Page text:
Talking about collaborative efforts is a healthy step, but it should not only stop with the talk. Not understanding what is expected of a parish priest in partnership with the laypeople is a serious obstacle in moving ahead. If the priest sees the work as his exclusive responsibility he will not be planning to share this responsibility with the laypeople. If the pastor because of work , worries, and the loneliness of the work requires the help of other priests and considers the laypeople only as his object of concern, the whole movement is in for a great deal of trouble. The parish is not only his responsibility but the responsibility of the whole parish, and working only with other priests can distance himself from the laypeople.

Change has to be from the priests doing all the worrying to sharing the worry with the laypeople. If the idea of team ministry only includes other priests we are not getting any closer to where the whole community becomes responsible for the work.

What does the priest do if you take away what he thinks he was ordained to do? For many this may be a problem, but only if the idea of leadership is always being out in front. That type of leadership is at times needed, there is also the type of leadership which walks hand and hand with those led, and you have those who are leaders who lead from the rear. These leaders who lead from the rear are helping to form leaders and in this present world they may be the ones we need.

These are some of the problems we have working together in ministry. We have different meanings for what collaborative ministry entails. In Korea at present, there is a great deal of talk about priests working together, but if it just stops there we are no closer to true team ministry which should include all the disciples. That is the mission we all have been given at baptism. Working together with fellow priests is important; it should not stop there, however, but should include all the baptized in a common mission. The world needs leaders who can inspire and energize a great flock of fellow workers. The priest in partnership with his fellow disciples is one who can do that, and since the Catholic Church is the largest and oldest organization on the face of the earth once the whole community that is Church works together as one, it will be light and salt to the world.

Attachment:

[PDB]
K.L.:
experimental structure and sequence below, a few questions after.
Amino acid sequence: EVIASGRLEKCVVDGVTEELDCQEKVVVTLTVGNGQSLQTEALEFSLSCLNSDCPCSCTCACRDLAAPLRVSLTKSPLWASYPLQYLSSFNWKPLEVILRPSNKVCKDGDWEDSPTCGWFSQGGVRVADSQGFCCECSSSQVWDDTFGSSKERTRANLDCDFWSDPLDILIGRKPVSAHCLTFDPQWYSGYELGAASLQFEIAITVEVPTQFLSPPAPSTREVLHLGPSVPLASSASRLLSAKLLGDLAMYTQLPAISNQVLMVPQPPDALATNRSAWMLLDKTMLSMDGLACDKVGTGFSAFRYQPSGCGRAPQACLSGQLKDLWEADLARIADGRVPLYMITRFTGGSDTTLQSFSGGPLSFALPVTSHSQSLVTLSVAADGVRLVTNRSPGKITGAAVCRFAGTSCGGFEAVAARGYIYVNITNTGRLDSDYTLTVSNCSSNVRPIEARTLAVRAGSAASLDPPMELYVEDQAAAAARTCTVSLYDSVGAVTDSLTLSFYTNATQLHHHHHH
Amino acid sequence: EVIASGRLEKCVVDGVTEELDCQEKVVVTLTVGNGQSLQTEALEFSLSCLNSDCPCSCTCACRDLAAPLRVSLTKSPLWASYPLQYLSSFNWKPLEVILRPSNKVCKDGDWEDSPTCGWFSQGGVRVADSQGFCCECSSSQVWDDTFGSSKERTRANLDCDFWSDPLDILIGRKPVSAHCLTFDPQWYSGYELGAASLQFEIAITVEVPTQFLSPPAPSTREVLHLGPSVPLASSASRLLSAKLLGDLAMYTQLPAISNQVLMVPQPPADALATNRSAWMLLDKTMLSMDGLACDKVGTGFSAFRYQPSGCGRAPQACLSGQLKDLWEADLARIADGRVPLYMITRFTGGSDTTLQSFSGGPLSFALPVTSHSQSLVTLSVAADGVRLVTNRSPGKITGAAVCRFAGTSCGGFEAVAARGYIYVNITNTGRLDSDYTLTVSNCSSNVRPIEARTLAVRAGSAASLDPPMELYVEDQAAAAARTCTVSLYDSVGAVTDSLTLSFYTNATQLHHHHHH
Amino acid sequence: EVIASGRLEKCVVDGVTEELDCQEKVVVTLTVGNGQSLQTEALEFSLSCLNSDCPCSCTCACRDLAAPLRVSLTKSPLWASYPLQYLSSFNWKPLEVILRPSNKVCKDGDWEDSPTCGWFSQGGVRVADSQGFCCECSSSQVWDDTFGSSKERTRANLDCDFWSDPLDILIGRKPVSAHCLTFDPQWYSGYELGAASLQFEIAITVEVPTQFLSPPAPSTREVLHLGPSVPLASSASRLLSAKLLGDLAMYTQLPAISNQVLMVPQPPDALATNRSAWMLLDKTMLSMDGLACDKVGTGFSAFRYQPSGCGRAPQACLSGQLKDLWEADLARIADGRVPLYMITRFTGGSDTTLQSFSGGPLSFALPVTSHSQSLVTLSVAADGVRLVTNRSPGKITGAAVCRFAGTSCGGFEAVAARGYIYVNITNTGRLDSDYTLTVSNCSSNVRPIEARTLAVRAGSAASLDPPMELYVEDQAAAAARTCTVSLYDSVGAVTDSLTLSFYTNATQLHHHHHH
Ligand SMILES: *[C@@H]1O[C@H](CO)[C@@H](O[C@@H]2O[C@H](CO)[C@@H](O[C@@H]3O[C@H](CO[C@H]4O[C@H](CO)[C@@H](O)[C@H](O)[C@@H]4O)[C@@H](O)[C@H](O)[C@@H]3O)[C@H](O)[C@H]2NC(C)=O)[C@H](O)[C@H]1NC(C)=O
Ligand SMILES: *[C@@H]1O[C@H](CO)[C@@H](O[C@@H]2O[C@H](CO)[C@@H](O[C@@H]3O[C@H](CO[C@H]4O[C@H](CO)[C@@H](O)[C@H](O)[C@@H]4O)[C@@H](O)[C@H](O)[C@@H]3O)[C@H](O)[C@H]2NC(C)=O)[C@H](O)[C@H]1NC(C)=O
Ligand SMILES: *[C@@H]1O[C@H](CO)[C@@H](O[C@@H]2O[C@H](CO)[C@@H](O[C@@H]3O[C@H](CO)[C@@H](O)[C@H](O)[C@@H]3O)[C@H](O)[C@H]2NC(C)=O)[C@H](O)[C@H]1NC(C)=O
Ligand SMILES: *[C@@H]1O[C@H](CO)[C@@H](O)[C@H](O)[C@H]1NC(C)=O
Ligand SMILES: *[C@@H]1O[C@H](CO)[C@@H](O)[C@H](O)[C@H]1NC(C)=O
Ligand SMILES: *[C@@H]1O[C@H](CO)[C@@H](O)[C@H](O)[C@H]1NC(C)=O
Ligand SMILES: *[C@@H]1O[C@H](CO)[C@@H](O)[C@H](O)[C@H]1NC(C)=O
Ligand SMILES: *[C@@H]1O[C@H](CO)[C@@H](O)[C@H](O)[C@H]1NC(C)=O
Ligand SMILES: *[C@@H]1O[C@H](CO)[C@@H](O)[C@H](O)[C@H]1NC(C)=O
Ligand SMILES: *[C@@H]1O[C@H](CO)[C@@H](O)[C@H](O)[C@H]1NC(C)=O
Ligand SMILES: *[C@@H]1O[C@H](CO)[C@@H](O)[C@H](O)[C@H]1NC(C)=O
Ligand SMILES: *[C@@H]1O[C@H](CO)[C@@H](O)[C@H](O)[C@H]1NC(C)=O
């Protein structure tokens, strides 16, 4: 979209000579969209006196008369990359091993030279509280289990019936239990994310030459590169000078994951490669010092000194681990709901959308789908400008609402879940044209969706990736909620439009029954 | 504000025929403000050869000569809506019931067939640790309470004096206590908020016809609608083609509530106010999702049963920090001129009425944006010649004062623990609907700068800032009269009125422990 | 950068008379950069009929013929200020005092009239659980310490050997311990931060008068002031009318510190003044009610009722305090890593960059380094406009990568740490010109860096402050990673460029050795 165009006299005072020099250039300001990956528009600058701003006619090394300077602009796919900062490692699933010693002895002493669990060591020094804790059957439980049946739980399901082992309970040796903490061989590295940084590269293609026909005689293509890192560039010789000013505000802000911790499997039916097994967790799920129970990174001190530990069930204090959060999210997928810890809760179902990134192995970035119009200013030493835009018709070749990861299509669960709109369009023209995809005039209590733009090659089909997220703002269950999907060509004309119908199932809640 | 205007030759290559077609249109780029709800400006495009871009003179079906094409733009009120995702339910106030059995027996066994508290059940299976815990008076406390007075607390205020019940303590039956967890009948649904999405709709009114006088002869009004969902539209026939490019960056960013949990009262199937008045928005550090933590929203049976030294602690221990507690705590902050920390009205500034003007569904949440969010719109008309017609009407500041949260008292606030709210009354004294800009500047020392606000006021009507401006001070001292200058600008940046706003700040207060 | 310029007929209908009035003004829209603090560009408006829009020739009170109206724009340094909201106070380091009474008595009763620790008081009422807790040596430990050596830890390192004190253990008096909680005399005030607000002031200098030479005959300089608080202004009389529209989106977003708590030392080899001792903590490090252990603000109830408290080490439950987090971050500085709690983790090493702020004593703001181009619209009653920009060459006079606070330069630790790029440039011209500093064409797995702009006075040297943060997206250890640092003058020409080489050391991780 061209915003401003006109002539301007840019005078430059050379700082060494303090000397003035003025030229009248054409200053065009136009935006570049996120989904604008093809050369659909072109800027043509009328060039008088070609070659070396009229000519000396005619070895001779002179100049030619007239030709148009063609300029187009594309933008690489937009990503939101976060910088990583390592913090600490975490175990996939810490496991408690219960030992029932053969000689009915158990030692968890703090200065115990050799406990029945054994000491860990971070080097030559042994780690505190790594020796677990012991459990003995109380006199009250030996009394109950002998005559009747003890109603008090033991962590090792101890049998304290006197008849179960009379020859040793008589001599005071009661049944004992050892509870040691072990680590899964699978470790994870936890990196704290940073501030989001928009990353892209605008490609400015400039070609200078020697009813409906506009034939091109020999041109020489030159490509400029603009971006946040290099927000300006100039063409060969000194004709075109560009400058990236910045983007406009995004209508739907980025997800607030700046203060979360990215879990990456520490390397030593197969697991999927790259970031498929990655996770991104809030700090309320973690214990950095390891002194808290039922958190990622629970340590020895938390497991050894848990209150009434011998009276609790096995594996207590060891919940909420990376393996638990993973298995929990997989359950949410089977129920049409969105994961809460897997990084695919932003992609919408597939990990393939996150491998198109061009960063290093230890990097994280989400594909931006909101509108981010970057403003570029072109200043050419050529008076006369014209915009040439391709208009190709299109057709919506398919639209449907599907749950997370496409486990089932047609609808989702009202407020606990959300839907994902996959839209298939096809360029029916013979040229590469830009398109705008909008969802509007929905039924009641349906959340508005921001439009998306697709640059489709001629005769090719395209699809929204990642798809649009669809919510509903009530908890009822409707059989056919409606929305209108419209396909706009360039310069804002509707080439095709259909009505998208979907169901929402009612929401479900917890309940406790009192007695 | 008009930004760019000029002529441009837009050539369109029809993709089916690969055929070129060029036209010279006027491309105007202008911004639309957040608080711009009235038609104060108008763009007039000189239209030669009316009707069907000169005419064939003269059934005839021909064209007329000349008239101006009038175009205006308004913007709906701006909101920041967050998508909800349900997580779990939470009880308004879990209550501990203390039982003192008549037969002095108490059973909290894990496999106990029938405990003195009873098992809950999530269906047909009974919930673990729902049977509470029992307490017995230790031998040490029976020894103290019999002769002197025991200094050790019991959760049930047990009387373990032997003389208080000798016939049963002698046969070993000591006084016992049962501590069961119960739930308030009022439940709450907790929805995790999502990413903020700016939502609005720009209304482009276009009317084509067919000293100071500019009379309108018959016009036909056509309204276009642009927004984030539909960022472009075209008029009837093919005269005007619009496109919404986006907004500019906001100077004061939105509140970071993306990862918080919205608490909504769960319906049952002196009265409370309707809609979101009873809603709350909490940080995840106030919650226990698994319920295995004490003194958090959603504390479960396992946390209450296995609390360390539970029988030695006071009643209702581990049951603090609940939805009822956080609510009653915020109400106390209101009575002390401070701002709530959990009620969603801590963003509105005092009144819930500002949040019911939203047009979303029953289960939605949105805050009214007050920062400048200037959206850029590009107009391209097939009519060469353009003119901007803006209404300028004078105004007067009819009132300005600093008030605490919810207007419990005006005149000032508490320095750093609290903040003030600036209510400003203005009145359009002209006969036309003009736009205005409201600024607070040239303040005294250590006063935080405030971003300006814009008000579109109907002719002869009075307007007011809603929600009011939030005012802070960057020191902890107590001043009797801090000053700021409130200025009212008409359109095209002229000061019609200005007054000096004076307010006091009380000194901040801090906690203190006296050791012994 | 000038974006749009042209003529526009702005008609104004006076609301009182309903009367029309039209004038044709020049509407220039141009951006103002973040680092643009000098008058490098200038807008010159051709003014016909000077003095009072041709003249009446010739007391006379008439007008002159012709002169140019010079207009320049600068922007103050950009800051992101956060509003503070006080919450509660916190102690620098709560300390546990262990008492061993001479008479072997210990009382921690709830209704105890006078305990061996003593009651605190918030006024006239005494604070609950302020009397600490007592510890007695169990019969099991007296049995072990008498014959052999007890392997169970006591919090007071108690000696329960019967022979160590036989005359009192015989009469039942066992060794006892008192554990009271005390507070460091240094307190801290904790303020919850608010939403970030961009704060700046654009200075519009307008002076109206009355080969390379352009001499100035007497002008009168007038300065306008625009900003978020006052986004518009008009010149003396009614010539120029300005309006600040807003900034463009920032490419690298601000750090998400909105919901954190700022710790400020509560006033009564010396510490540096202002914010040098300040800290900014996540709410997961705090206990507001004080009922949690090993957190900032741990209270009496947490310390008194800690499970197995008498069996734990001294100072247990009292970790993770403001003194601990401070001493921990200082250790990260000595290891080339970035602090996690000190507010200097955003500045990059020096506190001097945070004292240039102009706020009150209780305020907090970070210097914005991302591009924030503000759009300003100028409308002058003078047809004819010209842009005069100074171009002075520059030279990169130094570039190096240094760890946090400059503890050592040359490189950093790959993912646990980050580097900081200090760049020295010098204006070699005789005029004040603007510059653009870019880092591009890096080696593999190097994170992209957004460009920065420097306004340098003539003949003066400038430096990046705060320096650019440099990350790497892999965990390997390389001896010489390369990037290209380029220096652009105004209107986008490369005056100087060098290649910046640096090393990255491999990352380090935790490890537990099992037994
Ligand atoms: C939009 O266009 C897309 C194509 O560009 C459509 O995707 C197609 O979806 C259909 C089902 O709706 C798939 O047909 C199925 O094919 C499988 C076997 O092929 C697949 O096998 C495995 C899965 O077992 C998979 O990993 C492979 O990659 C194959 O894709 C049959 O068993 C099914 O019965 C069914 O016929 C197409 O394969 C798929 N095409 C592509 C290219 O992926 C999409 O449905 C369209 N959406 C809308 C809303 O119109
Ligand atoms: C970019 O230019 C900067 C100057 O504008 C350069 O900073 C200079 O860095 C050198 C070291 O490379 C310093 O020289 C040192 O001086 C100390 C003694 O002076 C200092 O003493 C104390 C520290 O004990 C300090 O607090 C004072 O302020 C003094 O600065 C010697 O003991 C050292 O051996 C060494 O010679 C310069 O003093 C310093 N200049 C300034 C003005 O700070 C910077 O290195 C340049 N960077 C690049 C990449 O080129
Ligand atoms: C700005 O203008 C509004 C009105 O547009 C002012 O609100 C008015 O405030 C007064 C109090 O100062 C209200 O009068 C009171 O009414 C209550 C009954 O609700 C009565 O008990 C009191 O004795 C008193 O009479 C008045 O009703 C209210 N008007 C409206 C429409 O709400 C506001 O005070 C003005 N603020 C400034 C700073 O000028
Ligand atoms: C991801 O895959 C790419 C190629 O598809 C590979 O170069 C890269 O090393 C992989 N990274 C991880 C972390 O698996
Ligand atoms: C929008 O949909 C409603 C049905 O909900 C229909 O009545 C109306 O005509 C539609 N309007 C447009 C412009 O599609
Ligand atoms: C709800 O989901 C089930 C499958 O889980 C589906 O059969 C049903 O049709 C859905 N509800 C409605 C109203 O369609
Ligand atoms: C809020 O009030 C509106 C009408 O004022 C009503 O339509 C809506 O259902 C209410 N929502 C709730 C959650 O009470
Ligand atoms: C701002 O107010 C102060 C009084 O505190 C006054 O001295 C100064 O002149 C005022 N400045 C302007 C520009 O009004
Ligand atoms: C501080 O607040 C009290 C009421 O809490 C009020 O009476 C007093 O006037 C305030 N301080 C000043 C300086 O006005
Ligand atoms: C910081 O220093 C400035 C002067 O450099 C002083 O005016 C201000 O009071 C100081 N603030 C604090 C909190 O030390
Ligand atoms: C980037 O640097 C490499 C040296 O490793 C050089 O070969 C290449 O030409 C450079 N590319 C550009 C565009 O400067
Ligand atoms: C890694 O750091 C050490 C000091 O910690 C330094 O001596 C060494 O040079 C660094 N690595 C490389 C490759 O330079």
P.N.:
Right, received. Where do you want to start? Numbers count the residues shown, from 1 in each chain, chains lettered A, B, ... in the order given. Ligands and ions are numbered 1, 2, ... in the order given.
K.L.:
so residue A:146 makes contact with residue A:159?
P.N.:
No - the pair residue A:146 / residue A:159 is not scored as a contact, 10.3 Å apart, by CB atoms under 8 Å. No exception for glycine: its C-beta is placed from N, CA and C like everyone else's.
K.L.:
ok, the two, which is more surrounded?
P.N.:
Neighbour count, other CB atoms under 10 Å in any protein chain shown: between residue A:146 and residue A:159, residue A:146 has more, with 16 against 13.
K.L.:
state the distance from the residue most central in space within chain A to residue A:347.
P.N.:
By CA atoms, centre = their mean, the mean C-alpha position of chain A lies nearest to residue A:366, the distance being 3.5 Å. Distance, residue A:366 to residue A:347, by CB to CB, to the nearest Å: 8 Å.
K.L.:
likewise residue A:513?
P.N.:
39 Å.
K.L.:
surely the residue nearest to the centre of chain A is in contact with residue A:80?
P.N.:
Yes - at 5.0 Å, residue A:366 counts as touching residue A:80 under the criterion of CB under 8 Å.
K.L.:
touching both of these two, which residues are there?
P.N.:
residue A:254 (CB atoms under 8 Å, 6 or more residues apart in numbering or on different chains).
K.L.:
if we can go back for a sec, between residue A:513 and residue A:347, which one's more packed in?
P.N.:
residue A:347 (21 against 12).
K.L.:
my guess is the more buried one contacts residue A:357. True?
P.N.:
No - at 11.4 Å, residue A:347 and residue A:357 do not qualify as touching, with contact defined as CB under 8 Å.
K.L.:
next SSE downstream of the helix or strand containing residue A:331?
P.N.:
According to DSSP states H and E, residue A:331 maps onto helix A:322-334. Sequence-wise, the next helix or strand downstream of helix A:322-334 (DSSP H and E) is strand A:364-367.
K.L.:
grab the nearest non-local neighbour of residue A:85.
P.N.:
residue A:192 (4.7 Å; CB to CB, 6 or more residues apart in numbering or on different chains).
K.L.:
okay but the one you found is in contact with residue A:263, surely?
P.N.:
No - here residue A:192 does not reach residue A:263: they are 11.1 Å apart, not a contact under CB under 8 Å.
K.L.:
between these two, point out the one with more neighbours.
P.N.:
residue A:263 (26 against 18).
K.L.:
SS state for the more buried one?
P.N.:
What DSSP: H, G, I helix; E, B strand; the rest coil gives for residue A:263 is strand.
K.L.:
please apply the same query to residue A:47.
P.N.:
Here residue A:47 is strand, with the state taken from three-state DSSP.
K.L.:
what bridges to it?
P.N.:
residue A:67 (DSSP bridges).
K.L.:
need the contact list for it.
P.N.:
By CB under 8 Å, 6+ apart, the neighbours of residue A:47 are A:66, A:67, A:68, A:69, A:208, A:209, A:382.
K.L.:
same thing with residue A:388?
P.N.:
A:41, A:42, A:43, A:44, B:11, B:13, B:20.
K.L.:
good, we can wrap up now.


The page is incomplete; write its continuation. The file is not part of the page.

Sunday, March 7, 2010

For One Who Believes All is Possible

Today's Diocesan Sunday Bulletin has a short article by one of the Incheon priests who has a daily blog and wants us to know that with the help of God all is possible. He is a parish priest with a busy parish, but because of the blog his own name is not as well known as the blog's name 'Bbadaking'. ( Every morning at 5:00 am for the last 10 years he has a meditation: "Starting the morning with Father Bbadaking."

He started the blog on June 14, 2001. When he started he wondered how long he would be able to continue. He had no gift for writing and was not one with much patience. He had a problem getting his sermons ready every week and here he was working on a daily meditation. He considered it a rash decision on his part.

However, it is now 10 years later and he is still with it. He wonders if he decided not to continue would he be the person he is today?

Ten years ago he could not image the person he has become. A person who could not write or speak is now someone quite different. He has written 6 books, and finds himself invited here and there to give talks. He feels a person with faith has to avoid using the word --I can't. There is nothing that our Lord can not do. The problem is with us. Because we think we can not do it, we shut our hearts to what the Lord wants to give us.

It can be done. He concludes the article by telling us since we believe in God he will help us do what we deem is the right thing to do. We are working for one who can do anything, and we should not forget this reality.

There is another priest Fr. Oh Kyeong-hwan who has retired, but is still giving lectures and writing. We gave some information on Fr. Oh in one of the earlier blogs (click). You can find the information to his blog by going to the previous blog. His blog deals with evolution and existence of God. Both of these blogs are in Korean; I am sure there are other personal blogs in the diocese dealing with Catholicism and faith. The Incheon Diocese is active on this important stage in cyberspace.

Saturday, March 6, 2010

Street Urchin to President of Company